While Vail, Colorado is only a 2-hour drive from Denver it’s worth a quick stop to take in the fresh mountain air.
While the city is known for some of the best skiing in the country, there are plenty of things to do in Vail in spring, summer or fall.
Vail is very scenic with great shops and places to eat for a yummy snack inside Vail Village.
Stop for a nice walk inside the Betty Ford Alpine Gardens which is the highest elevated botanical garden in the world.
Enjoy a fun mid-morning or early afternoon hike at Piney Lake, one of the best hiking spots in the area. Or go for a quick ride on the Epic Discovery Gondola at Vail Ski Resort.
While I didn’t take the time to stop in Breckenridge this time, the small ski town is a local favorite. Simply drive through the historic downtown area to take a stroll along the Blue River Rec Path.
If you have some extra time, stop for lunch at Eric’s Downstairs or Crepes A La Cart for some custom crepes you can take on the go.
Or stop for a 15 minute hike to see the Breckenridge Troll, one of the only famous sculptures in America created by Danish artist Thomas Dambo.
There are so many awesome things to do in Breckenridge, it will be hard to choose where to go.
4. Glenwood Canyon
Two and a half hours from Denver is Glenwood Canyon, located near Glenwood Springs, Colorado. This road trip destination is a favorite of many locals and it’s easy to see why.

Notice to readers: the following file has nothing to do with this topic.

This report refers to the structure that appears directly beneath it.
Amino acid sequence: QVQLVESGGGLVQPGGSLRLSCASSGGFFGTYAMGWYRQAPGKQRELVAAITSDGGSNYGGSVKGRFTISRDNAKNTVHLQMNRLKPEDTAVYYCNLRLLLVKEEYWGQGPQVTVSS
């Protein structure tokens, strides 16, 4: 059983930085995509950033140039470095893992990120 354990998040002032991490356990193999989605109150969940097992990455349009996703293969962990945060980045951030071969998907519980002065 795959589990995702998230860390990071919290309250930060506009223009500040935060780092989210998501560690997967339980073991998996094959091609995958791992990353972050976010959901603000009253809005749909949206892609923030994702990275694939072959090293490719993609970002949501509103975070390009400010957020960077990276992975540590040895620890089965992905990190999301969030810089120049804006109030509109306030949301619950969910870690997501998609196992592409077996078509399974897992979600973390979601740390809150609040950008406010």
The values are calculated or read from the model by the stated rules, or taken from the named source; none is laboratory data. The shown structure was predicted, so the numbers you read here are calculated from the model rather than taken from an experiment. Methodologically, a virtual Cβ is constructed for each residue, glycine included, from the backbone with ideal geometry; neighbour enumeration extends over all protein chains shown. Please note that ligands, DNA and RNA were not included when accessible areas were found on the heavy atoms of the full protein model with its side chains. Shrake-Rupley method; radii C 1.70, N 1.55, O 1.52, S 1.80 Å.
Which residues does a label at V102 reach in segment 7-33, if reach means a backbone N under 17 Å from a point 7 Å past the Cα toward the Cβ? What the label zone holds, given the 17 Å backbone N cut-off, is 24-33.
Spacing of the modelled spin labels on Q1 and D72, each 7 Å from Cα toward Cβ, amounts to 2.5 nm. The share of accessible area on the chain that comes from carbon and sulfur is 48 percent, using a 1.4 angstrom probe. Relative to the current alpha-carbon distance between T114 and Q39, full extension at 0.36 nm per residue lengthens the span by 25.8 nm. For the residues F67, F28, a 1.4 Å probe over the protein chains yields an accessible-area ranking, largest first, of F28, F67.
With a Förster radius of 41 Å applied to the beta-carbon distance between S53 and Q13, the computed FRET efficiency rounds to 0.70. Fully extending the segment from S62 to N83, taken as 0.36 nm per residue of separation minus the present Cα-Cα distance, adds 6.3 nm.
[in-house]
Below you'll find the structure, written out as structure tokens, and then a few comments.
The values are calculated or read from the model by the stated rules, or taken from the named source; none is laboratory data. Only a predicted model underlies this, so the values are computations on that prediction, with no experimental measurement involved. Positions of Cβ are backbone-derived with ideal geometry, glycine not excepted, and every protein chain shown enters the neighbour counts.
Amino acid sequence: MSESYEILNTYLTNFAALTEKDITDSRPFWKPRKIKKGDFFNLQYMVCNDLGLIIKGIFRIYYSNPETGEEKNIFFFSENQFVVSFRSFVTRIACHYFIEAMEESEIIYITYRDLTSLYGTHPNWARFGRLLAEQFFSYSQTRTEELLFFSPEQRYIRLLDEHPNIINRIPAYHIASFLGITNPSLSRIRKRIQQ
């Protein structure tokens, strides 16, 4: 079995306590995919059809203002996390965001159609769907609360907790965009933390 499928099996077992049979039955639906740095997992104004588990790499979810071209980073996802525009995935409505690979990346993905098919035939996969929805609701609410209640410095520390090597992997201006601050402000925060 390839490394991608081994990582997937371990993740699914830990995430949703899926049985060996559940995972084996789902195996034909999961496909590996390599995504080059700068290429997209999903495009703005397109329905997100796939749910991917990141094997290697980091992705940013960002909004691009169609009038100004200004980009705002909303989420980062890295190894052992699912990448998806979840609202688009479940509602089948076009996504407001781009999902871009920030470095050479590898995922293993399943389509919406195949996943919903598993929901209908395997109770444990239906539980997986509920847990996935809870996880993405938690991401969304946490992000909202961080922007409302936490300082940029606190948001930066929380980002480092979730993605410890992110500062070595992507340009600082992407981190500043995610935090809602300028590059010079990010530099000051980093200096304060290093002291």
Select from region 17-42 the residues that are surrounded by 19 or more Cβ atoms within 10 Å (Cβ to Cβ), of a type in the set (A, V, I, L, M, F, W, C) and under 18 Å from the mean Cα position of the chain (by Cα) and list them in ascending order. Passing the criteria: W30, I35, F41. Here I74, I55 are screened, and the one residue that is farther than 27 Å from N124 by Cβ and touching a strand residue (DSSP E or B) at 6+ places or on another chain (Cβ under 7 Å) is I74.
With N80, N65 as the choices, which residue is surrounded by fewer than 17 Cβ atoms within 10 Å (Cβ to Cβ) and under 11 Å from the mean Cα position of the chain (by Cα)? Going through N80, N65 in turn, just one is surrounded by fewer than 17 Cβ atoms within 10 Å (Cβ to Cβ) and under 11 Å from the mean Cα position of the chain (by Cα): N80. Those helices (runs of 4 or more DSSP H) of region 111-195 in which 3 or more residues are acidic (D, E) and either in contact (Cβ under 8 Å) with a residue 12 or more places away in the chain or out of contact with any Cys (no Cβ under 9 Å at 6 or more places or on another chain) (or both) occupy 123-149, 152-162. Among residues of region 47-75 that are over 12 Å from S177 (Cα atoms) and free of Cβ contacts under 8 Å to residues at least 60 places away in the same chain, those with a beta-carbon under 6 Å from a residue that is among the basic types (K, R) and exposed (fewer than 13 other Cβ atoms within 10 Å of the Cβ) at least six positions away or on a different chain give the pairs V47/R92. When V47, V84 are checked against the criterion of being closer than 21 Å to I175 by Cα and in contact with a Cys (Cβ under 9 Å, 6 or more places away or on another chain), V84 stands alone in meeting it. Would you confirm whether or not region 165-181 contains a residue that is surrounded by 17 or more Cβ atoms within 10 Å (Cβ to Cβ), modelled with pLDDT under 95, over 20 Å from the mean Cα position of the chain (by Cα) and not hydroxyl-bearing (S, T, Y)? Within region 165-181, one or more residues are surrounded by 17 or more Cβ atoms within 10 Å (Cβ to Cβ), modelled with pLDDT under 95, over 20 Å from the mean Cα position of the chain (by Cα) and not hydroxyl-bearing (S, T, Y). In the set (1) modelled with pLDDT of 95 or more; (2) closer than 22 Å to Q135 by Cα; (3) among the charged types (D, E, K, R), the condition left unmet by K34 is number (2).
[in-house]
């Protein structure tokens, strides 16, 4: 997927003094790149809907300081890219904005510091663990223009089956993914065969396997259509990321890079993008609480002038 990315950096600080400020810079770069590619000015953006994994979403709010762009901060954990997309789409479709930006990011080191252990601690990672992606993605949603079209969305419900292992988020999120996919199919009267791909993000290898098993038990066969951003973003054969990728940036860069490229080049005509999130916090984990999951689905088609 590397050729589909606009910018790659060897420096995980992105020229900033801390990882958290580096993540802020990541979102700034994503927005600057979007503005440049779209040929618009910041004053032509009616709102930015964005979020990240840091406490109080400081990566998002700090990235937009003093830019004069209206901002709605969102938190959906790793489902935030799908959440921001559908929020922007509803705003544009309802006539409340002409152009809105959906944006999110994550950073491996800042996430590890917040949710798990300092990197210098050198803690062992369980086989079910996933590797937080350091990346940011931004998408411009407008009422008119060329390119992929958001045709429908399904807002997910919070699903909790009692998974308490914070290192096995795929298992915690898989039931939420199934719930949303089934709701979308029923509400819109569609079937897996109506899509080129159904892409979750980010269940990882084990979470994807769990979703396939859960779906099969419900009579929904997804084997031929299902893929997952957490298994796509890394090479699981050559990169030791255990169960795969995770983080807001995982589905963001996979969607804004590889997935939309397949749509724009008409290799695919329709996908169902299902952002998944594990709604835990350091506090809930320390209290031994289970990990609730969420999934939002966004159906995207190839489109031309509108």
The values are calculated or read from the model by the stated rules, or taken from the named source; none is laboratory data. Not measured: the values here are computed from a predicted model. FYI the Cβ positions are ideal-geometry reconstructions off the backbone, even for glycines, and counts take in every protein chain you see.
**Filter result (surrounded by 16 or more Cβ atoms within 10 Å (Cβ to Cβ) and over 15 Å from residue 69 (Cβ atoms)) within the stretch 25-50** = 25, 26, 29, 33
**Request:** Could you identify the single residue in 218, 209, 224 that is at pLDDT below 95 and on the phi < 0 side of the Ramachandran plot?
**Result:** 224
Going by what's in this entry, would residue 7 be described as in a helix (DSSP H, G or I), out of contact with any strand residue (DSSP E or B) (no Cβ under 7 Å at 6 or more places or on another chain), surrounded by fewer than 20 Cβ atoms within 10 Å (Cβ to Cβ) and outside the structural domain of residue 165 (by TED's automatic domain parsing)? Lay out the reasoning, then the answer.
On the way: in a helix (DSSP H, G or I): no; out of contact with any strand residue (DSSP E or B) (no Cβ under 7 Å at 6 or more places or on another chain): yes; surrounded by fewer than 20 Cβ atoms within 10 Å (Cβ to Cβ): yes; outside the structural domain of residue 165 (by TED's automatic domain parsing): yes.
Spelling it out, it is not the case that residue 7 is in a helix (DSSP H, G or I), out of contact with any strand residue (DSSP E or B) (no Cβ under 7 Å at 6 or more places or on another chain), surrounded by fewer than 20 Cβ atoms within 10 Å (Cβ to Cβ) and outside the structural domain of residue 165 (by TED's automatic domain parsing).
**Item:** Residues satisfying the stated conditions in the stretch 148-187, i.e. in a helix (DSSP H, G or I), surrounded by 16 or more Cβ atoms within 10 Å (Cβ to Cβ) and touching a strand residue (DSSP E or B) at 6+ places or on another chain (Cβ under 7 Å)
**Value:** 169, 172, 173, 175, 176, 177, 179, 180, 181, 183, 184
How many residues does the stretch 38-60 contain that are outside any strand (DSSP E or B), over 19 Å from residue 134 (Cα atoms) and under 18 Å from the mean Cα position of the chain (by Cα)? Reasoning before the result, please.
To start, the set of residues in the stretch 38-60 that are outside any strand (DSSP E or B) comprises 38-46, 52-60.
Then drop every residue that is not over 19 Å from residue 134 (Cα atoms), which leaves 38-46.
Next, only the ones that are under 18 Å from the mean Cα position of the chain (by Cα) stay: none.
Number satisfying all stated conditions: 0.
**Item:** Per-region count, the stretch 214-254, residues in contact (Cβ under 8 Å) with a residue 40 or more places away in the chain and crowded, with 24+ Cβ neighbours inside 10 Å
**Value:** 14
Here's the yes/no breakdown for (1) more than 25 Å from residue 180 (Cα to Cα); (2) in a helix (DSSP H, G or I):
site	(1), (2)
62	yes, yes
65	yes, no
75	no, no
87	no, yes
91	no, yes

As you wind through the canyon, you’ll find there’s a perfect spot to pull off and rest for a moment.
You can take in the view of Roaring Fork River and grab some photos. Then, use the clean restrooms, and— if you have a dog—take them for a short walk.
5. Grand Junction
During my drive from Denver to Salt Lake City, I stayed the night in Grand Junction, Colorado.
I received so many recommendations to visit this spot, and it definitely lived up to my expectations. The historic downtown offers plenty of shopping and dining.
And since I was there on a foggy, rainy day, I still got to have some fun without exploring the outdoors.
I randomly stumbled upon Tacoparty, and I am so glad I did. The legendary Guy Fieri visited this little restaurant in 2020 for Diners, Drive-Ins & Dives, so you know it’s got to be good.
I bought the tacos that Guy ordered—Crispy Cauliflower & Hot Fried Chicken—and trust me when I say they were dynamite!
These tacos were honestly some of the best ones I’ve ever had. Definitely make time to stop here if you can.
6. Colorado National Monument
In the morning, once the fog had cleared, I made my way to the Colorado National Monument. This national park sprawls across 32 square miles, offering breathtaking views of canyons and rock formations.
Driving along the winding Monument Road took about an hour and a half to see the entire park.
I stopped off and walked Otto’s Trail (which was only a 1-mile route) to get the best view of Independence Monument.
There are plenty of hiking trails throughout the park, with some even leading you down into the canyons.